Former Indian batsmen Dilip Vengsarkar has termed the Motera pitch as a “bad advertisement for Test cricket” following the third Test getting over within two days. India dominated the third Test on a large note and went on to win the Test by 10 wickets to take a lead of 2-1 in the series. With the loss, Joe Root’s men have also lost their hopes of making it to the World Test Championship finals.
Axar Patel’s brilliant spell of 11 wickets for 70 runs in the match overall proved to be the turning point and England was bundled out for their lowest Test score of 81 against India in the second innings. This was also the shortest Test in terms of deliveries(842) after the England- West Indies in 1934-35. A lot of cricket experts weren’t happy with the way the pitch turned out.
“People Pay And Come To See good Quality Cricket” – Dilip Vengsarkar
Dilip Vengsarkar felt that the pitch was a bad advertisement for the test cricket and termed the Motera pitch as an ” inferior wicket”. He felt pity for the crowd he came out to see good quality cricket on the pitch. He stressed the fact that a part-time spinner Joe Root was able to take a fifer in the wicket which doesn’t look good signs. The pitch allowed the pink ball to skid which made it even tougher with the oddball turning.
“There is no doubt that it was an inferior wicket. These types of wickets are bad advertisements for test match cricket. People pay and come to see good quality cricket,” said Dilip Vengsarkar
“Both teams had great players. When you see great batsmen like Joe Root turn into great bowlers (the English captain played 5/8 on his part-time break), there is something wrong with the wicket,” he added.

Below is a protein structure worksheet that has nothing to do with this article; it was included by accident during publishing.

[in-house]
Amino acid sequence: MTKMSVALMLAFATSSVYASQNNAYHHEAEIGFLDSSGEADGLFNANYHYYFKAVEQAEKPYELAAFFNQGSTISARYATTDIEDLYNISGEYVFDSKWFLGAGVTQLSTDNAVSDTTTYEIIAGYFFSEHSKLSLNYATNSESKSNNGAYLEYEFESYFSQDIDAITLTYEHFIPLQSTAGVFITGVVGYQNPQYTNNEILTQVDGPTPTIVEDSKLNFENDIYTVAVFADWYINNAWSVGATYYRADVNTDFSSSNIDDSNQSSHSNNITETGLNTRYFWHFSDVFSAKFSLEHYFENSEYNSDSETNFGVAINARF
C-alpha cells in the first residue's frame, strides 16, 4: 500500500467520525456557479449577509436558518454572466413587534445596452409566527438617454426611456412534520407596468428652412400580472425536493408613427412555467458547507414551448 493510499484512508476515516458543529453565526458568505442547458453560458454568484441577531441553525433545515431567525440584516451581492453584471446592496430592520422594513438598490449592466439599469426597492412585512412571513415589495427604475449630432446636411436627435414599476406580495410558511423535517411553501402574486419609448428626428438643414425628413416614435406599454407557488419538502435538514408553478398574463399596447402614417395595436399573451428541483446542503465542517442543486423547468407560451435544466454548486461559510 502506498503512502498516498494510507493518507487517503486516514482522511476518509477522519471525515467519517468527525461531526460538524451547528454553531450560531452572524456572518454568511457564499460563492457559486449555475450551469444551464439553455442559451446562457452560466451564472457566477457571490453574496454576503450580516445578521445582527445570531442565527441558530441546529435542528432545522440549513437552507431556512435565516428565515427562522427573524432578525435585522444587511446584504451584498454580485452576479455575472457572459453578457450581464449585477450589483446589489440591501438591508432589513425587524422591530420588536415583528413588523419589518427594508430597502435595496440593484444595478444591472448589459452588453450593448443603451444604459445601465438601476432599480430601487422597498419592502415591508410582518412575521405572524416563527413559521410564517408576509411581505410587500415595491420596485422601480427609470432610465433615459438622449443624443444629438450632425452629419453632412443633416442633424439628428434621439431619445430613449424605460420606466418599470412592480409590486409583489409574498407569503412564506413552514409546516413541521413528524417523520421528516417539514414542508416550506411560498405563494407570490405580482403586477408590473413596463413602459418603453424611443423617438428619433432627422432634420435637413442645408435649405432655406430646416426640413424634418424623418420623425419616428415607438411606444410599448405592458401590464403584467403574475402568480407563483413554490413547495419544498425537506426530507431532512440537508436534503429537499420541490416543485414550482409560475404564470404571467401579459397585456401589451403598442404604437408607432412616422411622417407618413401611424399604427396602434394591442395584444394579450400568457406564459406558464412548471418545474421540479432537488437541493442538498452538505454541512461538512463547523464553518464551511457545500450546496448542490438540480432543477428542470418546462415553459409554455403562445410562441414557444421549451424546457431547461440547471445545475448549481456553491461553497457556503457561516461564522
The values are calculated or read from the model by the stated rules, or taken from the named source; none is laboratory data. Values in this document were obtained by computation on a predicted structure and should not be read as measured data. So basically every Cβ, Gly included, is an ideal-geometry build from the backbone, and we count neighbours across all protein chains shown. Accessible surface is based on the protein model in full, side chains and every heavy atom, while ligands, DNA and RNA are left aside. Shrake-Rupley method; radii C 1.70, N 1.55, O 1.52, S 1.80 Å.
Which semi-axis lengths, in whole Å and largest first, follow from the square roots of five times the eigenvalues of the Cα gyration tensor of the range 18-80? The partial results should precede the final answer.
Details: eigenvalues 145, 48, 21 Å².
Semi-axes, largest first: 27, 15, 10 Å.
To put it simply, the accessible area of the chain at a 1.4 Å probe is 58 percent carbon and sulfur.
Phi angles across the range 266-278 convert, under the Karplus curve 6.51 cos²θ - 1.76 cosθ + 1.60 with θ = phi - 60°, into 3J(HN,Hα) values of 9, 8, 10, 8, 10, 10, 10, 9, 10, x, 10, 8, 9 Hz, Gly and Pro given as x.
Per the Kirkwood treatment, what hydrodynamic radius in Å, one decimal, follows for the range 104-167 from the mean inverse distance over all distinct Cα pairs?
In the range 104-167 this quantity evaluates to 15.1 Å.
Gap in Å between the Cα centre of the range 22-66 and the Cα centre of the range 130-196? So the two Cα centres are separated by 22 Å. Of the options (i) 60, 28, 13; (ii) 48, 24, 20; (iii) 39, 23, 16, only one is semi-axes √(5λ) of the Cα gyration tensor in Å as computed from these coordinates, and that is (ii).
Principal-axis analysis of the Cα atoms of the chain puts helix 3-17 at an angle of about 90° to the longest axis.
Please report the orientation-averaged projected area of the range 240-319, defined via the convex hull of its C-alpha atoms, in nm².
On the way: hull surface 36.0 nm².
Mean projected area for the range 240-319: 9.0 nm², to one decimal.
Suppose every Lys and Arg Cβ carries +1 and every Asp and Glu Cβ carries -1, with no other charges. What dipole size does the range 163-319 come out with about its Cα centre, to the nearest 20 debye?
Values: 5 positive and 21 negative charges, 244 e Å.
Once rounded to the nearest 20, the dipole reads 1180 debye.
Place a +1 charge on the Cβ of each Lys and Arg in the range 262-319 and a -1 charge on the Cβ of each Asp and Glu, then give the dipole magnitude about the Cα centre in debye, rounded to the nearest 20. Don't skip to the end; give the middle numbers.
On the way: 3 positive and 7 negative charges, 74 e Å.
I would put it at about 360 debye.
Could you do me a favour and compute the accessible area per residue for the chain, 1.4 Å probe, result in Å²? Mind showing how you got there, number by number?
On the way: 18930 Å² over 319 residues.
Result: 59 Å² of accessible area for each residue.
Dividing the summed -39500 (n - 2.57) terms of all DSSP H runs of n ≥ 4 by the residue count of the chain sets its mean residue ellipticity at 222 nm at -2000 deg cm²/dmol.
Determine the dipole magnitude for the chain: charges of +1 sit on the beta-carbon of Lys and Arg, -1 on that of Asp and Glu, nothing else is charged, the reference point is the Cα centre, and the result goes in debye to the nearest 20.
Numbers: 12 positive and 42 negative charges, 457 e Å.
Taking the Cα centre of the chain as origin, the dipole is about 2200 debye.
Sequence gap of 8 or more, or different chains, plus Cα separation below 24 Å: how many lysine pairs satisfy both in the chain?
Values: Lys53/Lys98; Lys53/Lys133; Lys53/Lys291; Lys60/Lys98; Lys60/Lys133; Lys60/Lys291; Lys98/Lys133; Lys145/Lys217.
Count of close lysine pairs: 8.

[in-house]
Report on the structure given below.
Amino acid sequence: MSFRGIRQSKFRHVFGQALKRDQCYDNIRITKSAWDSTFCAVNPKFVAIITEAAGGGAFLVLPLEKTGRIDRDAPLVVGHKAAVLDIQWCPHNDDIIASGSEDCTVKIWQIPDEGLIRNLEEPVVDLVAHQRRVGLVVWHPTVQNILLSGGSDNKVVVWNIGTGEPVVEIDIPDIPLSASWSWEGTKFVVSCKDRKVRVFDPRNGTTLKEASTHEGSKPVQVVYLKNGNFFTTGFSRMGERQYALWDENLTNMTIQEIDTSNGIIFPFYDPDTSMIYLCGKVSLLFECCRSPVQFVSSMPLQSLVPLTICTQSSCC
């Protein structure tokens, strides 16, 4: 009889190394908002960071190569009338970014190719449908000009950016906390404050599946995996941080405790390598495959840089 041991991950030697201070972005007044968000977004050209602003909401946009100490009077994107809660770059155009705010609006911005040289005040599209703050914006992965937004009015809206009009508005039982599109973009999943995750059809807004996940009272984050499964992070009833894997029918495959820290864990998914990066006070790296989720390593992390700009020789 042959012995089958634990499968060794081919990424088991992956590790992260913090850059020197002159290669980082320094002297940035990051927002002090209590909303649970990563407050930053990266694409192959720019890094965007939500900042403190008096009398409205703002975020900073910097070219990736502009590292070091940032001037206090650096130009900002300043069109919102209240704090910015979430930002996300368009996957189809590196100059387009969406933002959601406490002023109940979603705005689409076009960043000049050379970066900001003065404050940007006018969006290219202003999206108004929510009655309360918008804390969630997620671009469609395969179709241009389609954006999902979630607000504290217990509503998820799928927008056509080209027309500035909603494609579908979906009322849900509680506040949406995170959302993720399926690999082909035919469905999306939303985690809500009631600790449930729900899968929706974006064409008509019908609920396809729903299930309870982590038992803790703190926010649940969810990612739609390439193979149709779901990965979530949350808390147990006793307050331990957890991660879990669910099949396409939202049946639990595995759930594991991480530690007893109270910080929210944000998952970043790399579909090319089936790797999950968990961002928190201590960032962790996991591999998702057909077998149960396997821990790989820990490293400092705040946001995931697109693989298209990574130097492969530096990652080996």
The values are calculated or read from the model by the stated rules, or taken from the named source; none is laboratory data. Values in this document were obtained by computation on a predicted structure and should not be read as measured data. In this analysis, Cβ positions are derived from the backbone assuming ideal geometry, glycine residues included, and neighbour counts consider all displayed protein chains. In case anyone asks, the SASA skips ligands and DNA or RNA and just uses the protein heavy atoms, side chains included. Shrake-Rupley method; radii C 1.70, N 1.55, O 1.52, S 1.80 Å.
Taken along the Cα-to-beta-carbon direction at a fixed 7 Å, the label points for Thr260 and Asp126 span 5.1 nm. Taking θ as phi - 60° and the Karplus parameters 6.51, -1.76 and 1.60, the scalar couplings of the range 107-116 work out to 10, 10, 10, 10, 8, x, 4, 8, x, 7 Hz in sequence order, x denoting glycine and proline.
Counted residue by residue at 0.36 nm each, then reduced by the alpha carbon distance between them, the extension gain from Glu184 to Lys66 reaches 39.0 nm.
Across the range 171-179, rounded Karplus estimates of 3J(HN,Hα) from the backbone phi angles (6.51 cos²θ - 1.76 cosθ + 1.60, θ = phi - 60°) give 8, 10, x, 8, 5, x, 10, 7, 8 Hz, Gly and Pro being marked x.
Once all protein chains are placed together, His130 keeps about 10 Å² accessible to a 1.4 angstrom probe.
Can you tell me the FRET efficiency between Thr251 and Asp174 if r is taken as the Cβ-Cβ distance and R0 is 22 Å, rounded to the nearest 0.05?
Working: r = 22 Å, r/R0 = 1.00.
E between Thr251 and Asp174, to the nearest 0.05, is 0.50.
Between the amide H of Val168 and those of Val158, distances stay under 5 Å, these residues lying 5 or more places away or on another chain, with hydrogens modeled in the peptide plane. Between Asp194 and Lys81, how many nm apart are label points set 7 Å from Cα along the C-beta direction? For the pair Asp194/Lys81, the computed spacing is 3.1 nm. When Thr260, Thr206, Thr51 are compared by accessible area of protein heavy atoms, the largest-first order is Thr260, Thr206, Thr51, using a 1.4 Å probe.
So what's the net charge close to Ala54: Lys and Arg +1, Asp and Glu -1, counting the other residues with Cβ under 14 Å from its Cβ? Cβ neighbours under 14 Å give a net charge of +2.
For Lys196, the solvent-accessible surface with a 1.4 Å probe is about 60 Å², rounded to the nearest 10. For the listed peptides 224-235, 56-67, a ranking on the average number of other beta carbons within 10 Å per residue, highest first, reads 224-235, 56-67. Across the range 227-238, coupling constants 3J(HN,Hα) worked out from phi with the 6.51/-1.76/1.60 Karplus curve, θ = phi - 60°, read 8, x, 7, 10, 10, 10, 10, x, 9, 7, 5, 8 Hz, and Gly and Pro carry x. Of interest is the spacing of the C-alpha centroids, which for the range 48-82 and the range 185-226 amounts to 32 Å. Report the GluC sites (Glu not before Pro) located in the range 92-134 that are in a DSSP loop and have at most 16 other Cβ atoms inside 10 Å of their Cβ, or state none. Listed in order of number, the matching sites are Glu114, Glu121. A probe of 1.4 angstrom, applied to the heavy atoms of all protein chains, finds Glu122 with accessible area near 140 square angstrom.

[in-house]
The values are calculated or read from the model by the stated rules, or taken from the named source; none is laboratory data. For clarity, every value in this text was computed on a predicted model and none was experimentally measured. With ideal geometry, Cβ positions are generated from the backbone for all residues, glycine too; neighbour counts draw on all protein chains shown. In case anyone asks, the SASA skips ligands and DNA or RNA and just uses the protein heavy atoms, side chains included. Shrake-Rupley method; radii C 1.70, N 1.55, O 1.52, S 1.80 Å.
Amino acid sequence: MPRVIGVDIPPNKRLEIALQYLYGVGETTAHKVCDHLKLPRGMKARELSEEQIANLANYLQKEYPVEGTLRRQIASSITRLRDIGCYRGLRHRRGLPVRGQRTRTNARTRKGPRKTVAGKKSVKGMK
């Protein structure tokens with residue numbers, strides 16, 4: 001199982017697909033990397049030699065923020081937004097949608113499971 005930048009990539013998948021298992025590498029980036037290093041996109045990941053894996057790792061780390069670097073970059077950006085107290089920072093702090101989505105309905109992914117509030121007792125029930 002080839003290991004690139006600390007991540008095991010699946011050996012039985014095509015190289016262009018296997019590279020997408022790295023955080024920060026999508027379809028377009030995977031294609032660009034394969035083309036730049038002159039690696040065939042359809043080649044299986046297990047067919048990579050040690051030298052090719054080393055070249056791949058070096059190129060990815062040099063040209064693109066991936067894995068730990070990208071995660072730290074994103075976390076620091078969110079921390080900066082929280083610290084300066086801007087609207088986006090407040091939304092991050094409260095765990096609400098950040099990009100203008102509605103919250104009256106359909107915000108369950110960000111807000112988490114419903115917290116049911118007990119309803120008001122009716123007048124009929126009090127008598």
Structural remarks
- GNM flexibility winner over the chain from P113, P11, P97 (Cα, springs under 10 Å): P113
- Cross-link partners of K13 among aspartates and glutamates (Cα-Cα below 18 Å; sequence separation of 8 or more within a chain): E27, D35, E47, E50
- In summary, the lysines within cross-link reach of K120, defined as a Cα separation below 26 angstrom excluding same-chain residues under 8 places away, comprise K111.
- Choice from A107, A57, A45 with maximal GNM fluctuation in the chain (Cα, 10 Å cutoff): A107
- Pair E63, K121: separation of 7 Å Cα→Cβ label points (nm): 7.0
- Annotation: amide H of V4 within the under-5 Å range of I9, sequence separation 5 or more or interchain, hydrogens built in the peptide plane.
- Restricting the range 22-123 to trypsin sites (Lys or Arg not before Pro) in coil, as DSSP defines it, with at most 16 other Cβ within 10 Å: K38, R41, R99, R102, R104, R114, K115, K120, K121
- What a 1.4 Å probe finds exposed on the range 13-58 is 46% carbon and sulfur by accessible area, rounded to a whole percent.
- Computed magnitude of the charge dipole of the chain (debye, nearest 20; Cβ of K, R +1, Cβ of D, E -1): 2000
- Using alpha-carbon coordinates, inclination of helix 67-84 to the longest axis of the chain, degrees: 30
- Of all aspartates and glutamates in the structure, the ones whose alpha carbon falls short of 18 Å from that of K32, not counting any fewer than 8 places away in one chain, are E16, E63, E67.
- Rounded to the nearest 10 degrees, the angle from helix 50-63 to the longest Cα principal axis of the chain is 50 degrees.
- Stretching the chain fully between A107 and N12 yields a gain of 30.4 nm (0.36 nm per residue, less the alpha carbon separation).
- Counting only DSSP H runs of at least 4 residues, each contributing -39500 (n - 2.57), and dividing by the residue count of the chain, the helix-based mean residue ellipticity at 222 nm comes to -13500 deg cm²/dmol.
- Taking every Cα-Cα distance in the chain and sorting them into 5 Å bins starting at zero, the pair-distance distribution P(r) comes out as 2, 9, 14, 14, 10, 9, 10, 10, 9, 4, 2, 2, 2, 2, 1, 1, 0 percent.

Vengsarkar Opines England Should Have Fought Hard
Vengsarkar Opined that England lacked the ability to fight and did not show the will to fight. He added that the batsmen had no idea how to play on these pitches and weren’t impressed with the defensive technique of the batsmen. He complained that even the best batsmen in the lineups had lost their minds before putting up a fight.
“England did not have the ability or the will to fight. Most of them got off straight to the ball, which wasn’t spinning. Your defence technique was below average, really bad. They had no idea how to play on such wickets. They were all at sea and had no idea whether to go on the hind foot or the forefoot. It seemed like some of the best batsmen in England got their brains out before they even took the watch,” Dilip Vengsarkar complained.
Dilip Vengsarkar had represented India in 116 Tests and 129 ODIs.